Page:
Refugee and asylum seeker women

The above issues are relevant in relation to the needs of refugee and asylum seeker women, who can often be isolated from family and experience language and cultural barriers in accessing perinatal support services. Based in Glasgow, Amma Birth Companions offer trauma-informed support to asylum-seeking and refugee women and those with insecure immigration status before, during and after the birth. They also offer post-natal support and group activities that provide opportunities for friendships and integration for the women.

Drug and alcohol problems

Organisations such as Scottish Families Affected by Alcohol and Drugs and Addaction offer advice and support for women and their families affected by drug and alcohol problems, however the research did not identify any specific perinatal peer support services for women affected by alcohol and drug in the perinatal period.

Young parents

In Glasgow, based at Smithycroft Secondary School, the Young Parents Support Base offers a range of activities for school age parents that utilise a peer support approach. They offer antenatal work via Mellow Bumps' to support young parents to meet each other and share experiences. When the baby arrives, group work continues and the Young Parents Support Base offer support to young parents and families up to the age of 19 to give young parents opportunity to learn from their peers. This is designed to support young parents to re-engage with education, become successful learners and confident parents. This was the only example of a peer support approach for young parents identified in the research, however there may be other examples.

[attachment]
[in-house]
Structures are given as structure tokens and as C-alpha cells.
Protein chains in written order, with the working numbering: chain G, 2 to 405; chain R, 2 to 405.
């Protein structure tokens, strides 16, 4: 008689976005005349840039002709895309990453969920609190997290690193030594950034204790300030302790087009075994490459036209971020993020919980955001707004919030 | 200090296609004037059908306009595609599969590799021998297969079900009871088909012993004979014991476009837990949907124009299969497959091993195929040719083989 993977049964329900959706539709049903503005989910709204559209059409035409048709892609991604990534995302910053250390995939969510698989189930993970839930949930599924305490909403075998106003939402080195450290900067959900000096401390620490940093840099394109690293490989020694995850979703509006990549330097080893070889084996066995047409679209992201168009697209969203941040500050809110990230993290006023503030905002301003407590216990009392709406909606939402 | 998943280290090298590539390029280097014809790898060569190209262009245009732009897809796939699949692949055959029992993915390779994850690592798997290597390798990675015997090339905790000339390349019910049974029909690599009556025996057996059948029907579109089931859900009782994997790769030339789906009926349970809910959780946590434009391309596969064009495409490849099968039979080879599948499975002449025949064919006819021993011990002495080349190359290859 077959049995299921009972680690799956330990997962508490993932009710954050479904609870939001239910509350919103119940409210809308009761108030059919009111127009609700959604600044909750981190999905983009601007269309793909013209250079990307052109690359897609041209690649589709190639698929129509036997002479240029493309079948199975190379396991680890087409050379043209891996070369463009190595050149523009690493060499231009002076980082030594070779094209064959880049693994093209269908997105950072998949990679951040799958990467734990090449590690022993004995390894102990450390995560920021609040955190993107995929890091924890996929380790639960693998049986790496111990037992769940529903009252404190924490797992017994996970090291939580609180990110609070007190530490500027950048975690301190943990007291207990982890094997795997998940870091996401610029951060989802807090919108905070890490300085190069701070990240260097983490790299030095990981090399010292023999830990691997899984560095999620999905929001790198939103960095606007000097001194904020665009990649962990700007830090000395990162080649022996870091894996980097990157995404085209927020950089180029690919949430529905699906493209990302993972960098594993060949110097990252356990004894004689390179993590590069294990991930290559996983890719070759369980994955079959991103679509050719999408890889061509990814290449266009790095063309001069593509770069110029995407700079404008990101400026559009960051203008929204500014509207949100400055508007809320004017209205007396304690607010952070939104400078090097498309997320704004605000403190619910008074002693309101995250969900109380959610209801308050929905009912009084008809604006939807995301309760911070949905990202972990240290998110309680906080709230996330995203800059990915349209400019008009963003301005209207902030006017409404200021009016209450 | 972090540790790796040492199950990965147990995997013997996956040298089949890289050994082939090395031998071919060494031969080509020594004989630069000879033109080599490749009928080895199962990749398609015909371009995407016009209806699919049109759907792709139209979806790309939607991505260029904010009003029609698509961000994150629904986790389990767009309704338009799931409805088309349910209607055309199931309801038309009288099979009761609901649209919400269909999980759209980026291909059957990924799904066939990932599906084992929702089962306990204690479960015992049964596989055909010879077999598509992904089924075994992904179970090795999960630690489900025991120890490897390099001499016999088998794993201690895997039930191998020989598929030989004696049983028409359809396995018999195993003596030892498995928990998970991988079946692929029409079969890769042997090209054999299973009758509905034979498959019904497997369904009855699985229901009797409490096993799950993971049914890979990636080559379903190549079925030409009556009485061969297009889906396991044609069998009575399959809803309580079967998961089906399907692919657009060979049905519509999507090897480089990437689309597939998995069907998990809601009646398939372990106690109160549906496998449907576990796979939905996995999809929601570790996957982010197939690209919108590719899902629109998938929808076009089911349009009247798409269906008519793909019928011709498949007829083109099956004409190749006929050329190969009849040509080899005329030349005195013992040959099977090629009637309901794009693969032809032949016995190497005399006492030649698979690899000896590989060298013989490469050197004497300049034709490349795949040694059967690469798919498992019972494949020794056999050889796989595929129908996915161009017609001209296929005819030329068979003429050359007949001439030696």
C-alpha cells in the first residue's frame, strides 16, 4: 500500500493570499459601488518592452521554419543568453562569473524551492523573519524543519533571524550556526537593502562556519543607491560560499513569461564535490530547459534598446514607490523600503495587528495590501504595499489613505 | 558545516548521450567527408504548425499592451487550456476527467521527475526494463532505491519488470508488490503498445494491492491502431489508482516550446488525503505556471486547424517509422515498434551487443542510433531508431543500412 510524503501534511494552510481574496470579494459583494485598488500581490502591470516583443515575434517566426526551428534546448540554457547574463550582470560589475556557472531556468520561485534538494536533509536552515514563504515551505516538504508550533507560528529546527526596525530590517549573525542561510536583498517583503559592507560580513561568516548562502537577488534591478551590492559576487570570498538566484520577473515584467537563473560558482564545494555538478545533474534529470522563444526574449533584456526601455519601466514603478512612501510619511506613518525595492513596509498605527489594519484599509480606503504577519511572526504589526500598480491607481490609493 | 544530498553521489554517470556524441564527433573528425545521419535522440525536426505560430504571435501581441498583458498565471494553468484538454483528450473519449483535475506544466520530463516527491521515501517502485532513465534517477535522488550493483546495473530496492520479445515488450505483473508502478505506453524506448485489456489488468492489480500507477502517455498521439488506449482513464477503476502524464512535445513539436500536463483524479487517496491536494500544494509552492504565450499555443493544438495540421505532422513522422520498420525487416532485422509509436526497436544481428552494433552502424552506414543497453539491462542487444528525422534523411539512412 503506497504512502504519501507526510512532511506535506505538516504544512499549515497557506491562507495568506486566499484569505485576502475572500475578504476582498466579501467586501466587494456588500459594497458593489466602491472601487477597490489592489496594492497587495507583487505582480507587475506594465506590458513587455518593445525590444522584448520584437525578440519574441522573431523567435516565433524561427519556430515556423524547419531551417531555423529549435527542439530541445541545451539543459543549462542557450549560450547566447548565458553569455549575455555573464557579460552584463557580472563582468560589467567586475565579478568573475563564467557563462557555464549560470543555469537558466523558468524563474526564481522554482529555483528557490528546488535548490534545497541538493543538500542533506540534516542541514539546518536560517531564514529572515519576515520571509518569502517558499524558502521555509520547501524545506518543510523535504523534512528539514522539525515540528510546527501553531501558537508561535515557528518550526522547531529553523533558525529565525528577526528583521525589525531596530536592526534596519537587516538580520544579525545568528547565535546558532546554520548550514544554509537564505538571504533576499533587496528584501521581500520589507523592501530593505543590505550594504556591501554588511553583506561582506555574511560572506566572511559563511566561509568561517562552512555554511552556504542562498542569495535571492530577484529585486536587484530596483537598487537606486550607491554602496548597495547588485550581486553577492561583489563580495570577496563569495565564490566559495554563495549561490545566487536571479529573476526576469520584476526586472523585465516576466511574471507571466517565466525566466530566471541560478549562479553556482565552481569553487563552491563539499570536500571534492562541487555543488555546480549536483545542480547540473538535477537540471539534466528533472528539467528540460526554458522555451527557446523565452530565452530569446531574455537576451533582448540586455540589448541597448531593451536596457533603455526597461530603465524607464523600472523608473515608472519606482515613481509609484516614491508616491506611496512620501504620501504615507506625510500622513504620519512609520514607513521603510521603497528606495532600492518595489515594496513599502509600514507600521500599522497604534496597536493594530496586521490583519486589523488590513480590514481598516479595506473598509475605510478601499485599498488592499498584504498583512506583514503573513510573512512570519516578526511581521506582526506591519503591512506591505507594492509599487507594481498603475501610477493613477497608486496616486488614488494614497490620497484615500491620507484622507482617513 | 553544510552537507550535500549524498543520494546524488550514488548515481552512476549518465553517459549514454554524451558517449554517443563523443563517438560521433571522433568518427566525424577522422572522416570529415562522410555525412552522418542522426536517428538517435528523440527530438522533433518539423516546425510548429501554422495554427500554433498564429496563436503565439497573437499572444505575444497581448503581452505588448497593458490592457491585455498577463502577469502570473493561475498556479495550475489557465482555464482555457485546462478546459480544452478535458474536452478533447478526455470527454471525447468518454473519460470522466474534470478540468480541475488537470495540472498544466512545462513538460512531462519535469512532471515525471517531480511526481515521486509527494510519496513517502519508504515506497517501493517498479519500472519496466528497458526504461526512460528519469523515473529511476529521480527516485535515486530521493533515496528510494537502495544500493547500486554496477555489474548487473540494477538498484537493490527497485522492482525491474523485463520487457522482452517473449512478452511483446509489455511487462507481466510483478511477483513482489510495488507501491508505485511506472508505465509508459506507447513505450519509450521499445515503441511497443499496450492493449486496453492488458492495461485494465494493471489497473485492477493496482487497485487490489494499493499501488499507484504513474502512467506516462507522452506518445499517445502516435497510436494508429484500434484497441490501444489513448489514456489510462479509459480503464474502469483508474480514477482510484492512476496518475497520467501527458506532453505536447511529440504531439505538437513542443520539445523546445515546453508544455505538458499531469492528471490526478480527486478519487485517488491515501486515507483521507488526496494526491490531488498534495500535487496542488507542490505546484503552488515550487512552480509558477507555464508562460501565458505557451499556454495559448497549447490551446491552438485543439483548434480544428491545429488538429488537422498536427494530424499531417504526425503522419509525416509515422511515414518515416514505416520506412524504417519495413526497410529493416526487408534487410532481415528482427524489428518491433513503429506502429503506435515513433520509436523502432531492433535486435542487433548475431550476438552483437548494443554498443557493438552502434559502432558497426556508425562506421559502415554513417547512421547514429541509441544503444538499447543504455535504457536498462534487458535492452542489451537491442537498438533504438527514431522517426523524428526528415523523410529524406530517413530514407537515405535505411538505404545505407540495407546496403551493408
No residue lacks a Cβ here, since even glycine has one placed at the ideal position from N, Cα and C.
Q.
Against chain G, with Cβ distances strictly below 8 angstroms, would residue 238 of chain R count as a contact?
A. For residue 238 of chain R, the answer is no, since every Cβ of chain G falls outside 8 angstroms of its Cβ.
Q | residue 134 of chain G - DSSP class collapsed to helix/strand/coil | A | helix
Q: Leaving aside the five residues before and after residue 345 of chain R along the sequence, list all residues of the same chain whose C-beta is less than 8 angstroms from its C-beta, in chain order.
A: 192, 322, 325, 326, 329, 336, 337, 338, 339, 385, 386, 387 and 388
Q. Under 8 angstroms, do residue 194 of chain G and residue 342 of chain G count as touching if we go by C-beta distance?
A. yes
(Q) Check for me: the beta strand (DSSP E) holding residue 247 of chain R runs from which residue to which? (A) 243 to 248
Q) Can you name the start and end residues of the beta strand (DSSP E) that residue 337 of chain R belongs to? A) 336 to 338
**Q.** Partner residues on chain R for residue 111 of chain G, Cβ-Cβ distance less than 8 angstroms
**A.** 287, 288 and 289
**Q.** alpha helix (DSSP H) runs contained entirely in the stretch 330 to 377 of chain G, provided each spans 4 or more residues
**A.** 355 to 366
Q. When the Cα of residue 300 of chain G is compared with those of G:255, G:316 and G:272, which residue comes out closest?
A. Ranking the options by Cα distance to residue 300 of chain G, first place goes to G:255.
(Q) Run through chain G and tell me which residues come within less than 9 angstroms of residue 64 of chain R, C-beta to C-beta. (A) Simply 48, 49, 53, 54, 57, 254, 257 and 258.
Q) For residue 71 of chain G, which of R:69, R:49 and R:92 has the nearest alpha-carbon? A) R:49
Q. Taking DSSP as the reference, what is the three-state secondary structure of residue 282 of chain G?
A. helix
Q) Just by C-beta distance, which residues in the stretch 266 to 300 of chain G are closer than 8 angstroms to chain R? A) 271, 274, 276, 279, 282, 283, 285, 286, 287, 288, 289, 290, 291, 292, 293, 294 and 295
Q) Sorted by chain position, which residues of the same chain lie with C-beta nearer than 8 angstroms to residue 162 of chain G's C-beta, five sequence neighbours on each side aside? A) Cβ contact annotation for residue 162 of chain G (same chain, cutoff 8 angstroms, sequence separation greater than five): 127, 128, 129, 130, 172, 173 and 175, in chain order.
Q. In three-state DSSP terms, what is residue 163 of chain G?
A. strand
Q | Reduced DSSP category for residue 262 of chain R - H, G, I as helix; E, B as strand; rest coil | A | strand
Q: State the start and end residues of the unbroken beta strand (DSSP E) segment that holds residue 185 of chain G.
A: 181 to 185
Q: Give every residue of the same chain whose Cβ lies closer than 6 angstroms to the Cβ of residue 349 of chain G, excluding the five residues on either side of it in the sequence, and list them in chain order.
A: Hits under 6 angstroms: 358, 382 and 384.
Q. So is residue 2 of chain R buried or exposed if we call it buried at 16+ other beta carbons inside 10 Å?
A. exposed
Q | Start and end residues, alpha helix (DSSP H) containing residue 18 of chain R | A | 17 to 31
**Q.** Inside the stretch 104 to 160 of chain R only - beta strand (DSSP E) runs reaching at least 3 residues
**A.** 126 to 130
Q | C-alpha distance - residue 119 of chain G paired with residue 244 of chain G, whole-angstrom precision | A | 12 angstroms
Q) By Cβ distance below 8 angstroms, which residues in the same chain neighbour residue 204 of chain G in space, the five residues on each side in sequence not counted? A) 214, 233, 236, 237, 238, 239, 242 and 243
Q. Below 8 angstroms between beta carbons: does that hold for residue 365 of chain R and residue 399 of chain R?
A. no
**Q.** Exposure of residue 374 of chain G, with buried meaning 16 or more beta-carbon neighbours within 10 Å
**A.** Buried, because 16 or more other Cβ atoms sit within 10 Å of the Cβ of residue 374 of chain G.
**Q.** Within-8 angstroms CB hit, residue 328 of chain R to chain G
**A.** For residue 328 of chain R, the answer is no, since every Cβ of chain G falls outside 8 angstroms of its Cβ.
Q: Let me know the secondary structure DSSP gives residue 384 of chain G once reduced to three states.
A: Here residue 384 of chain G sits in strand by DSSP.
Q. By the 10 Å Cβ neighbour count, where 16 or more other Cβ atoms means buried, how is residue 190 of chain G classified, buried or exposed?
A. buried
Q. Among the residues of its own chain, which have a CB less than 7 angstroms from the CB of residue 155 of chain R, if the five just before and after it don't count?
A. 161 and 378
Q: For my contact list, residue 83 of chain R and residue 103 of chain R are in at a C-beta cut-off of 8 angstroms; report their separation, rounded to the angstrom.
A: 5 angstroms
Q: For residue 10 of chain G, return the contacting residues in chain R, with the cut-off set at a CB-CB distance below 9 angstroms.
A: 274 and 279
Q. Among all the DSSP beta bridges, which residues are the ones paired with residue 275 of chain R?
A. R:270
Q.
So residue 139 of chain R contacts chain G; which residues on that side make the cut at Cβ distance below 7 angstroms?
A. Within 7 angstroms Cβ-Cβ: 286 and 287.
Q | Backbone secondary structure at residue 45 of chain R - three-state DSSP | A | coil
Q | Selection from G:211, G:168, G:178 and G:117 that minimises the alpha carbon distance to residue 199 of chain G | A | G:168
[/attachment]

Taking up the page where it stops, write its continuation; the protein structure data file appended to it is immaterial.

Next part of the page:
Baby loss and miscarriage

There are a range of specialist organisations working in Scotland who support parents experiencing baby loss and miscarriage[3]. Peer support from parents who have experienced baby loss and miscarriage is central to how many of these organisations work with parents.

Through engaging with stakeholders in this area, several significant issues were identified. Mothers who experience miscarriage or the death of a baby often no longer meet eligibility requirements to be cared for within perinatal mental health services, but are experiencing poor mental health related to their pregnancy. Stakeholders also highlighted the importance of awareness around how baby loss and miscarriage can impact of further pregnancies, heightening the risk of poor mental health for mothers and families.

Fathers and partners

The review found no peer reviewed literature or third sector evaluations on perinatal peer support for fathers or other partners.

Research evidence suggests up to 10% of fathers experience depression during the perinatal period. Paternal depression is associated with lower satisfaction with parenting and poor emotional and behavioural outcomes for children (Cameron et al., 2016). Paternal depression is also closely associated with maternal depression, increasing the risks to children from exposure to two parents with depression (Foley et al., 2001).

To counter the negative outcomes associated with paternal perinatal depression, the provision of peer support could be beneficial for fathers in a similar way to mothers. Consultation with stakeholders who work to support the wellbeing of fathers (Fathers Network Scotland and Dads Rock) suggests that support for fathers in the perinatal period is desirable and would benefit fathers, mothers and infants.



Back to top